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Australia is a vast, rugged and beautiful land, with so many worthwhile places to visit that you could easily spend years travelling around. It’s little wonder that it has become known as a perfect destination for long road trips and camping out in nature.
With these long distances between towns and ever-increasing prices for fuel and holiday parks, a campervan trip can quickly break the budget. Luckily, there is a decent network of free campsites in Australia, and if you know the rules and where to go, you can find yourself in some mind-blowing places without spending a dollar.
We’ve put together this mini-guide to free camping in Australia to give you some ideas for your next Aussie road trip!
Before you park your car or caravan or go hiking with all of your gear on your back, there are a few tips and rules you need to keep in mind about free camping in Oz.
There’s a common misconception among international travellers that you can simply buy yourself a campervan and park anywhere you want for the night. It’s not true, and unless you have a four-wheel-drive and are going remote, you’ll have to do your research to see which places actually allow you to camp for free.
If you find yourself parked in a no-camping zone, don’t be surprised if you have a ranger come knock on your door during the night and ask you to move on, or even issue you a fine.
Now that you’re aware you can’t camp everywhere, you’ll have to set some time aside as you travel to find out exactly where you can camp legally. Luckily, there are a number of phone apps that will help you do just that.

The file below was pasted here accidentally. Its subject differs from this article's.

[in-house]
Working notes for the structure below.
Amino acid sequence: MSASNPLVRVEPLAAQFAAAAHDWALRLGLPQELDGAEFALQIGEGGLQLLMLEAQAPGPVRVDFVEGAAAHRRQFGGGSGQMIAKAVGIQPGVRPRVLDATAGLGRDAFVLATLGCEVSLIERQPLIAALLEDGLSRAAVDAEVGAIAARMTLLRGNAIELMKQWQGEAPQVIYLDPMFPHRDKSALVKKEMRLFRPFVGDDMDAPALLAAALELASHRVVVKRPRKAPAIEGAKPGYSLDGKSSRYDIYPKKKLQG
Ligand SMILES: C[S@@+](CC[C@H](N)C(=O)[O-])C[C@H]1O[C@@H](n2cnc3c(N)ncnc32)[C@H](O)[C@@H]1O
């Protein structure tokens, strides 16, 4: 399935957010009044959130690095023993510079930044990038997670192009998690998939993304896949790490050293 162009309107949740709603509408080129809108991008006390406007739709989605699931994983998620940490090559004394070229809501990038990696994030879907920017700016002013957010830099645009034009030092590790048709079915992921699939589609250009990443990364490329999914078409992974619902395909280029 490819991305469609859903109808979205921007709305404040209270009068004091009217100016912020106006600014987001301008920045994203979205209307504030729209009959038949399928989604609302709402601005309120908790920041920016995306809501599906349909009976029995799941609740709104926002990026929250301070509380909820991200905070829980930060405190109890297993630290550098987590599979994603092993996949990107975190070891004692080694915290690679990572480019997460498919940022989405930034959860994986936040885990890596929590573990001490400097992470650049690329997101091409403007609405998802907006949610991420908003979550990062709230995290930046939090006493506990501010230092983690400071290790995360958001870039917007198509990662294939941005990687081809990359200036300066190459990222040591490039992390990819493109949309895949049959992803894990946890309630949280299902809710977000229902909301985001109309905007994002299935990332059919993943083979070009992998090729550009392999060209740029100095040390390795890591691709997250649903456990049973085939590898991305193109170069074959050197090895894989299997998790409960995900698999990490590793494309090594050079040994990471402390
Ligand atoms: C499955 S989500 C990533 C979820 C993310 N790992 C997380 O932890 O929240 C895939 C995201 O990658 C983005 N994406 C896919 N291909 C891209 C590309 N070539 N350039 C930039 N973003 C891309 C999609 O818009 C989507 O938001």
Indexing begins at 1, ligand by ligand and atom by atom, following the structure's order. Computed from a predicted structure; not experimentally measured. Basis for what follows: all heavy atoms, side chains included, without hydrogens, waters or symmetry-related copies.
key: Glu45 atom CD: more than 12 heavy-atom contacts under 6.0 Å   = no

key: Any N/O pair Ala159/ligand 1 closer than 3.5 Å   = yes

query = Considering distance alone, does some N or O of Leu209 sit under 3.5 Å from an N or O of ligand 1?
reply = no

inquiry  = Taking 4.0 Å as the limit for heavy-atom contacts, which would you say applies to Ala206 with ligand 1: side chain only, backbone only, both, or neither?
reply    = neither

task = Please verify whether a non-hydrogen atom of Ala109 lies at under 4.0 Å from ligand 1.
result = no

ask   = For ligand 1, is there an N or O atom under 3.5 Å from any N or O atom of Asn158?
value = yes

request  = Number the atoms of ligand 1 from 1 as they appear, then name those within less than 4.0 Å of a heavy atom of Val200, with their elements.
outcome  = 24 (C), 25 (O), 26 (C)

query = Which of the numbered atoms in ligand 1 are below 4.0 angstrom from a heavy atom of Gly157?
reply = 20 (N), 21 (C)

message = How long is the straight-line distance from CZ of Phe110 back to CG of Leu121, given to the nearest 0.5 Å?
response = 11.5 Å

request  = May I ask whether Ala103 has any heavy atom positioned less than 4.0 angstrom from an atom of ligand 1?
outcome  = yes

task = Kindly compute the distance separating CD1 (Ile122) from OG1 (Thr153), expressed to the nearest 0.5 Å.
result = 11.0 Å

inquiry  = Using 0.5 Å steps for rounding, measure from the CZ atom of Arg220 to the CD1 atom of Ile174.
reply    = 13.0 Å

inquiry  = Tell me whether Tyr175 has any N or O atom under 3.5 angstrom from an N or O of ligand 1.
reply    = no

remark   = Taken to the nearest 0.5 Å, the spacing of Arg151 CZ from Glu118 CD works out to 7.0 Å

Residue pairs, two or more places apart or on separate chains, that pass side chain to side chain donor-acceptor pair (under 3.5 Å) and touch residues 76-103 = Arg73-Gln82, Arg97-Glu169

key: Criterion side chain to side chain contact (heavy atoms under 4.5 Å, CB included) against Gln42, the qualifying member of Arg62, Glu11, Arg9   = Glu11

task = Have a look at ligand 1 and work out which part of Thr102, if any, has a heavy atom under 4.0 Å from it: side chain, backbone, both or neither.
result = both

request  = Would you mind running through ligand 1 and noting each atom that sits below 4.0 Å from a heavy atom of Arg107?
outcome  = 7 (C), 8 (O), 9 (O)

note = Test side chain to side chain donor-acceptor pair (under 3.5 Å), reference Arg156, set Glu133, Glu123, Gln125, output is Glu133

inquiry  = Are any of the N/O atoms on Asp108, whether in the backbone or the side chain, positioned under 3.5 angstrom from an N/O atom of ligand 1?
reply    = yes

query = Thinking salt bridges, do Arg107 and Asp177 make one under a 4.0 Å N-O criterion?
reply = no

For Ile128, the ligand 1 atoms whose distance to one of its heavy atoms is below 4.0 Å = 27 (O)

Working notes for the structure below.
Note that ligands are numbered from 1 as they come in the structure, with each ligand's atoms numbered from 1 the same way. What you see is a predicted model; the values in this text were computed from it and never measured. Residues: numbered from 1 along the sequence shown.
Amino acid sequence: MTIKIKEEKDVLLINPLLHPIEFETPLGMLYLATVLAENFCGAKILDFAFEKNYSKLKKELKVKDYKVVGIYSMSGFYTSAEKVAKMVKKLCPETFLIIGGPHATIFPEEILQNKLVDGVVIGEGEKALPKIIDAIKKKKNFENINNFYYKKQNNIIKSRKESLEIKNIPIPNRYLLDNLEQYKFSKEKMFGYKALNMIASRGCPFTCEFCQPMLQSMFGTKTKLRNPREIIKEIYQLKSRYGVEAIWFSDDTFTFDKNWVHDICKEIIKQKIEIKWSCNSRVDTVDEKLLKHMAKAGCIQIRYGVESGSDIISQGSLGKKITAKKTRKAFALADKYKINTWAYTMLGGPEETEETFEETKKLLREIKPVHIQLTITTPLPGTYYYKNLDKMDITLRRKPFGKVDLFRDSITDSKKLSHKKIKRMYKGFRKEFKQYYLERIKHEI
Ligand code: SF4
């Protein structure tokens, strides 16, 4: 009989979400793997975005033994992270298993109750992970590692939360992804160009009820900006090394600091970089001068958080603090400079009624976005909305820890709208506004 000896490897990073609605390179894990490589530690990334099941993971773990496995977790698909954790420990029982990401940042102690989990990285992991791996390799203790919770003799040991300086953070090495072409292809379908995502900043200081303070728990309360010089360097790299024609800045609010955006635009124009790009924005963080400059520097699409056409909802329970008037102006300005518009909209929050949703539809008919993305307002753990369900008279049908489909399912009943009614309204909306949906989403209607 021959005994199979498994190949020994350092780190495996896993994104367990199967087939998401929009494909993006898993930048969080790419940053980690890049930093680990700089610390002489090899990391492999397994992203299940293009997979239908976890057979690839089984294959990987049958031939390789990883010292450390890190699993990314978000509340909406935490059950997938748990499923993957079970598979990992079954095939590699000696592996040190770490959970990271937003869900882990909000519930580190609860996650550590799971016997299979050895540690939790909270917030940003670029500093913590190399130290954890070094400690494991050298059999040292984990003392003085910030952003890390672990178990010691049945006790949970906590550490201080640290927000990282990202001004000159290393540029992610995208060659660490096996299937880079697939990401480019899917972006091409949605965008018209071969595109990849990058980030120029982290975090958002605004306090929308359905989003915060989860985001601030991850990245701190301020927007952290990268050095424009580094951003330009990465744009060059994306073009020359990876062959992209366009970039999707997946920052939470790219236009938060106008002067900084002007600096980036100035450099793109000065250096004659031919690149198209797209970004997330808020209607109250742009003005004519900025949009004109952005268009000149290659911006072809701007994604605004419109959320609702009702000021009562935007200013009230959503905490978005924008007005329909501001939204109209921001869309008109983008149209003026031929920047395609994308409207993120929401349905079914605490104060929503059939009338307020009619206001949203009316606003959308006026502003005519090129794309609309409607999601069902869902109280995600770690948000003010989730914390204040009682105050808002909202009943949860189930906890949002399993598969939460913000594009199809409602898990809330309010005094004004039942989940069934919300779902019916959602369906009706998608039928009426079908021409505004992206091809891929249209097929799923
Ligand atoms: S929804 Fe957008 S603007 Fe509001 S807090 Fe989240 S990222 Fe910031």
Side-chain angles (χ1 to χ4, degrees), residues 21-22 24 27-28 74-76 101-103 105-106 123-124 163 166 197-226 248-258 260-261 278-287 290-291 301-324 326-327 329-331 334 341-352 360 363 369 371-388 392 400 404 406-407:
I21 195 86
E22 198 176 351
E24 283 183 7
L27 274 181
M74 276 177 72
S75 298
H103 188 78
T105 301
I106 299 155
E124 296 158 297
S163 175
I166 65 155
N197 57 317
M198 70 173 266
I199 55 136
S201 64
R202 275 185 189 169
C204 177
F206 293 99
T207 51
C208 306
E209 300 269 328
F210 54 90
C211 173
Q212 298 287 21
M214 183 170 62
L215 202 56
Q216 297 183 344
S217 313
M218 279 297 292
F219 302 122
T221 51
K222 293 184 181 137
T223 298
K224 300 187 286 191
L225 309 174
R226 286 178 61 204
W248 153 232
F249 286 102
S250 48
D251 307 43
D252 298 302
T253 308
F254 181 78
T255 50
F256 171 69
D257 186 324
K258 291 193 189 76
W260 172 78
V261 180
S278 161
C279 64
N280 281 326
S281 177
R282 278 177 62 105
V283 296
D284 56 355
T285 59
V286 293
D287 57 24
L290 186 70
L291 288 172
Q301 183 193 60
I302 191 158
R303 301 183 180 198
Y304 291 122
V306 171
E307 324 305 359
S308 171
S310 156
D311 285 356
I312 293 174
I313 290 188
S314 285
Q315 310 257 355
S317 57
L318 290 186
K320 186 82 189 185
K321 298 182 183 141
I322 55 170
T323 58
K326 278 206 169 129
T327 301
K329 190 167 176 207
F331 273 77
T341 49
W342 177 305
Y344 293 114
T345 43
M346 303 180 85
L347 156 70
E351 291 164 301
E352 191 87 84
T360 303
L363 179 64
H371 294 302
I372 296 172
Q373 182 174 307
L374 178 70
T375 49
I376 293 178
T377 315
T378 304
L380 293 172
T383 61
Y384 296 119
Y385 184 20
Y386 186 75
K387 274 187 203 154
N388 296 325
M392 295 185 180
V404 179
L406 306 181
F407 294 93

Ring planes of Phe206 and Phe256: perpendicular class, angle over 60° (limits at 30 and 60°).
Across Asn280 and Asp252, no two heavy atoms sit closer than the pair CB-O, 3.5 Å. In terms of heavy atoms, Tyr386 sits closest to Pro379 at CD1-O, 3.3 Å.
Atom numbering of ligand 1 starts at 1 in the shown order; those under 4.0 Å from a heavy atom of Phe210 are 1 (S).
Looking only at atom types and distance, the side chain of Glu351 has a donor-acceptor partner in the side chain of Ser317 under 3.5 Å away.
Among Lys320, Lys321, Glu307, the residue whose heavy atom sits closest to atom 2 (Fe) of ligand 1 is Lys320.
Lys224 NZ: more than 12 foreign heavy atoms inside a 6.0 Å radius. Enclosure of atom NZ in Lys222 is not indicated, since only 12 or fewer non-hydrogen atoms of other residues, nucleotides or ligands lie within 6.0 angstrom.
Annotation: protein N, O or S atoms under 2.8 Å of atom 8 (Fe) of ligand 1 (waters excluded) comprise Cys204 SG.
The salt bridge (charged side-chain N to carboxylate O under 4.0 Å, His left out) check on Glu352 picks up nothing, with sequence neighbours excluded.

Some of the most popular are Camping Australia and the NSWParks app, but our personal favourite is WikiCamps. It’s a premium app at $7.99, but with user-generated information being regularly updated and reviewed, it’s by far the best way to determine where to camp on your travels around Australia.
As a responsible traveller you most likely already do this, but when it comes to free camping the point needs to be reiterated.
Whether you’re hiking, cycling or car camping, make sure you follow the principles of Leave No Trace. This includes never leaving behind food scraps, as they may get taken by local wildlife that isn’t used to that diet and/or that may encourage wildlife to seek scraps from that area.
While you should always use a toilet (many free campgrounds require campervans to be fully self-contained), if you are in the wilderness and there aren’t any facilities, make sure you properly bury your personal waste and do not ever leave toilet paper or any other foreign items behind.
Without beating around the bush, the most scenic and easily-accessed campsites in Australia often cost money. But with a bit of study you will find that there are quite a few camping spots that are not only free but also beautiful.
The Murray region bordering New South Wales and Victoria is one of the lesser-known jewels in the country, but with word spreading about the spectacular national parks and diverse wildlife, it might not stay that way for much longer.